[The following was originally posted on Hullabaloo on December 7, 2013)]

While obscured in public memory by the (relatively) more “recent” 1993 Branch Davidian siege in Waco, the eerily similar demise of the Philadelphia-based MOVE organization 8 years earlier was no less tragic on a human level, nor any less disconcerting in its ominous sociopolitical implications.

In an enlightening new documentary called Let the Fire Burn, director Jason Osder has parsed a trove of archival “live-at-the-scene” TV reports, deposition videos, law enforcement surveillance footage, and other sundry “found” footage (much of it previously unseen by the general public) and created a tight narrative that plays like an edge-of-your-seat political thriller.

Depending upon whom you might ask, MOVE was an “organization”, a “religious cult”, a “radical group”, or all of the above. The biggest question in my mind (and one the film doesn’t necessarily delve into) is whether it was another example of psychotic entelechy. So what is “psychotic entelechy”, exactly? Well, according to Stan A. Lindsay, the author of Psychotic Entelechy: The Dangers of Spiritual Gifts Theology, it would be “…the tendency of some individuals to be so desirous of fulfilling or bringing to perfection the implications of their terminologies that they engage in very hazardous or damaging actions”.

In the context of Lindsay’s book, he is expanding on some of the ideas laid down by literary theorist Kenneth Burke and applying them to possibly explain the self-destructive traits shared by the charismatic leaders of modern-day cults like The People’s Temple, Order of the Solar Tradition, Heaven’s Gate, and The Branch Davidians. He ponders whether all the tragic deaths that resulted should be labeled as “suicides, murders, or accidents”.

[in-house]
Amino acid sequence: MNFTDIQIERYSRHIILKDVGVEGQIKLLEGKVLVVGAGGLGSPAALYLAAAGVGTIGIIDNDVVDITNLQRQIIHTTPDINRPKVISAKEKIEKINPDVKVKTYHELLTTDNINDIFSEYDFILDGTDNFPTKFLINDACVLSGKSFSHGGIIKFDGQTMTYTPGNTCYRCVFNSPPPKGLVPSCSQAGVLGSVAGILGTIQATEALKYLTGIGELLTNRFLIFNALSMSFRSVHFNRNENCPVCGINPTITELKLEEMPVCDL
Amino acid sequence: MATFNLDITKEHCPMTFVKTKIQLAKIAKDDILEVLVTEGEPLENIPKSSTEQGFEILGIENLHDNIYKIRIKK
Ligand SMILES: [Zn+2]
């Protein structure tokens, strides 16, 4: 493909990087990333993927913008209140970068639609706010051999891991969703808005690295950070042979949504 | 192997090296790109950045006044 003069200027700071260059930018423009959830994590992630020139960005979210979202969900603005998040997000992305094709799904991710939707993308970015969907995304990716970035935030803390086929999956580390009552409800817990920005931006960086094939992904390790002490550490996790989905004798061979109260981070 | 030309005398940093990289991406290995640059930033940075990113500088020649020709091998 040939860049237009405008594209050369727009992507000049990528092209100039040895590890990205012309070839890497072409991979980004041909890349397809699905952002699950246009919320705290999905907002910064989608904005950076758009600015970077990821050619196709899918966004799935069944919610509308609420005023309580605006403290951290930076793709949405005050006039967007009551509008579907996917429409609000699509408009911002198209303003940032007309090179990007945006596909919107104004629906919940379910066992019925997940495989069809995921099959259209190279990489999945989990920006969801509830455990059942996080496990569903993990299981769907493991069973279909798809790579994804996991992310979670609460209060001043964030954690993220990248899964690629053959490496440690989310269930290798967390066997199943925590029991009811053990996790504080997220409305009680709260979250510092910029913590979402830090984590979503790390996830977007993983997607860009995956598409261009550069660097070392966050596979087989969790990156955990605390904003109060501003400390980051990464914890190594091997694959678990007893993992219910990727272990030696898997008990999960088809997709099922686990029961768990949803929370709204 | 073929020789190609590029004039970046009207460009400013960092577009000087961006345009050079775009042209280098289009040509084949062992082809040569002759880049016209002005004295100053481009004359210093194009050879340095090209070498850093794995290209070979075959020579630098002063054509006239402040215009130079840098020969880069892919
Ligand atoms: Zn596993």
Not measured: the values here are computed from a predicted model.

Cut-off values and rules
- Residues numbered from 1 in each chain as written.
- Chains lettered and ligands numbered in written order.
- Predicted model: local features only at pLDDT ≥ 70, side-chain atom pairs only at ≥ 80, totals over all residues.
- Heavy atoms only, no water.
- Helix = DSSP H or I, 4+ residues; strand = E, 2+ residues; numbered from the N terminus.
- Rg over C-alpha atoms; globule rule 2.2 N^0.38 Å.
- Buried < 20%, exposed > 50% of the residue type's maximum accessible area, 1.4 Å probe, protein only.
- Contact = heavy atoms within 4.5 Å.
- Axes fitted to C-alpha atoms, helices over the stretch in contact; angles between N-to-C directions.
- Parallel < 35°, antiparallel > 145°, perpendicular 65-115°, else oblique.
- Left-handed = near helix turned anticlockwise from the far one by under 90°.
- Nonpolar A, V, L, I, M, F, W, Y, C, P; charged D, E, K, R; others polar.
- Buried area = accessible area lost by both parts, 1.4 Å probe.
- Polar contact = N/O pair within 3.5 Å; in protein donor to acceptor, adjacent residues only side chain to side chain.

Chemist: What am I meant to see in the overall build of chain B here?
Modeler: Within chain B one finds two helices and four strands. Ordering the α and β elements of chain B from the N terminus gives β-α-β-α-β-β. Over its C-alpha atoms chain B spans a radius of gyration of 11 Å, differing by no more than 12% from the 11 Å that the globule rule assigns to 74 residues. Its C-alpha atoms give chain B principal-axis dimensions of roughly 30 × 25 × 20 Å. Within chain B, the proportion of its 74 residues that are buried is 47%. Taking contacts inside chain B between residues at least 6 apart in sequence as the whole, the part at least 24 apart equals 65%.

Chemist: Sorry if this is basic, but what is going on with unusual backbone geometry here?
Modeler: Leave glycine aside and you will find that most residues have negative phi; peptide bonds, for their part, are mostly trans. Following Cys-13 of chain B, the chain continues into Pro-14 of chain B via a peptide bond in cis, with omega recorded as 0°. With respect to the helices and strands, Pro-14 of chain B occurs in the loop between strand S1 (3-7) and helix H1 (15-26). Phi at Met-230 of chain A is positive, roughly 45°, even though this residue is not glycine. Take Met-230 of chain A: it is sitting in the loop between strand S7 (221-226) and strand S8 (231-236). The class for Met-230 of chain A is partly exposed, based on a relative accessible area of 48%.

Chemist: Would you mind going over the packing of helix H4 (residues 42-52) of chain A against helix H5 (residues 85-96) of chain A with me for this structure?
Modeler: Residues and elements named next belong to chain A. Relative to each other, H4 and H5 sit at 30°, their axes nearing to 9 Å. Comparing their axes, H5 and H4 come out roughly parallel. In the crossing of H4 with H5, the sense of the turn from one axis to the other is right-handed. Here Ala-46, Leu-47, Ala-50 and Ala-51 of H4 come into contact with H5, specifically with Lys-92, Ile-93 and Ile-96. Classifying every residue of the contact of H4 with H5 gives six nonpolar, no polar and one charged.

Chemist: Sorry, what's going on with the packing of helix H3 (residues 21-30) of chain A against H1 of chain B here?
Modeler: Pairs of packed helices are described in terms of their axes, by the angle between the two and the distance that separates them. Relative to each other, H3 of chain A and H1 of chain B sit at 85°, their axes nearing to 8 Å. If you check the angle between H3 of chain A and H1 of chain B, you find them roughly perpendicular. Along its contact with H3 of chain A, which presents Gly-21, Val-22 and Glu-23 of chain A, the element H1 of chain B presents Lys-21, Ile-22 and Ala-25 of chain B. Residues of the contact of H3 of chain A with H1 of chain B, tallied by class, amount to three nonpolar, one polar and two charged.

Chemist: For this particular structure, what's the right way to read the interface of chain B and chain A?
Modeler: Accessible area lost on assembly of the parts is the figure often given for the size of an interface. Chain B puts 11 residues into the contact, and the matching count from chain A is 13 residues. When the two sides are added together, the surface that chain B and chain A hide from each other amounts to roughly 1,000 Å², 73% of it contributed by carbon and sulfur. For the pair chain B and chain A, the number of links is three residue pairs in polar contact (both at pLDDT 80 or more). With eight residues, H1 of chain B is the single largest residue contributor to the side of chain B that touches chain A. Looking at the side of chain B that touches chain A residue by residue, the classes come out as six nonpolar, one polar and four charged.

Whether MOVE belongs on that list is perhaps debatable, but in Osder’s film, you do get the sense that leader John Africa (an adapted surname that all followers used) was a charismatic person. He founded the group in 1972, based on an odd hodgepodge of tenets borrowed from Rastafarianism, Black Nationalism and green politics; with a Luddite view of technology (think ELF meets the Panthers…by way of the Amish). Toss in some vaguely egalitarian philosophies about communal living, and I think you’re there.

The group, which shared a town house, largely kept itself to itself (at least at first) but started to draw the attention of Philadelphia law enforcement when a number of their neighbors began expressing concern to the authorities about sanitation issues (the group built compost piles around their building using refuse and human excrement) and the distressing appearance of possible malnutrition among the children of the commune (some of the footage in the film would seem to bear out the latter claim).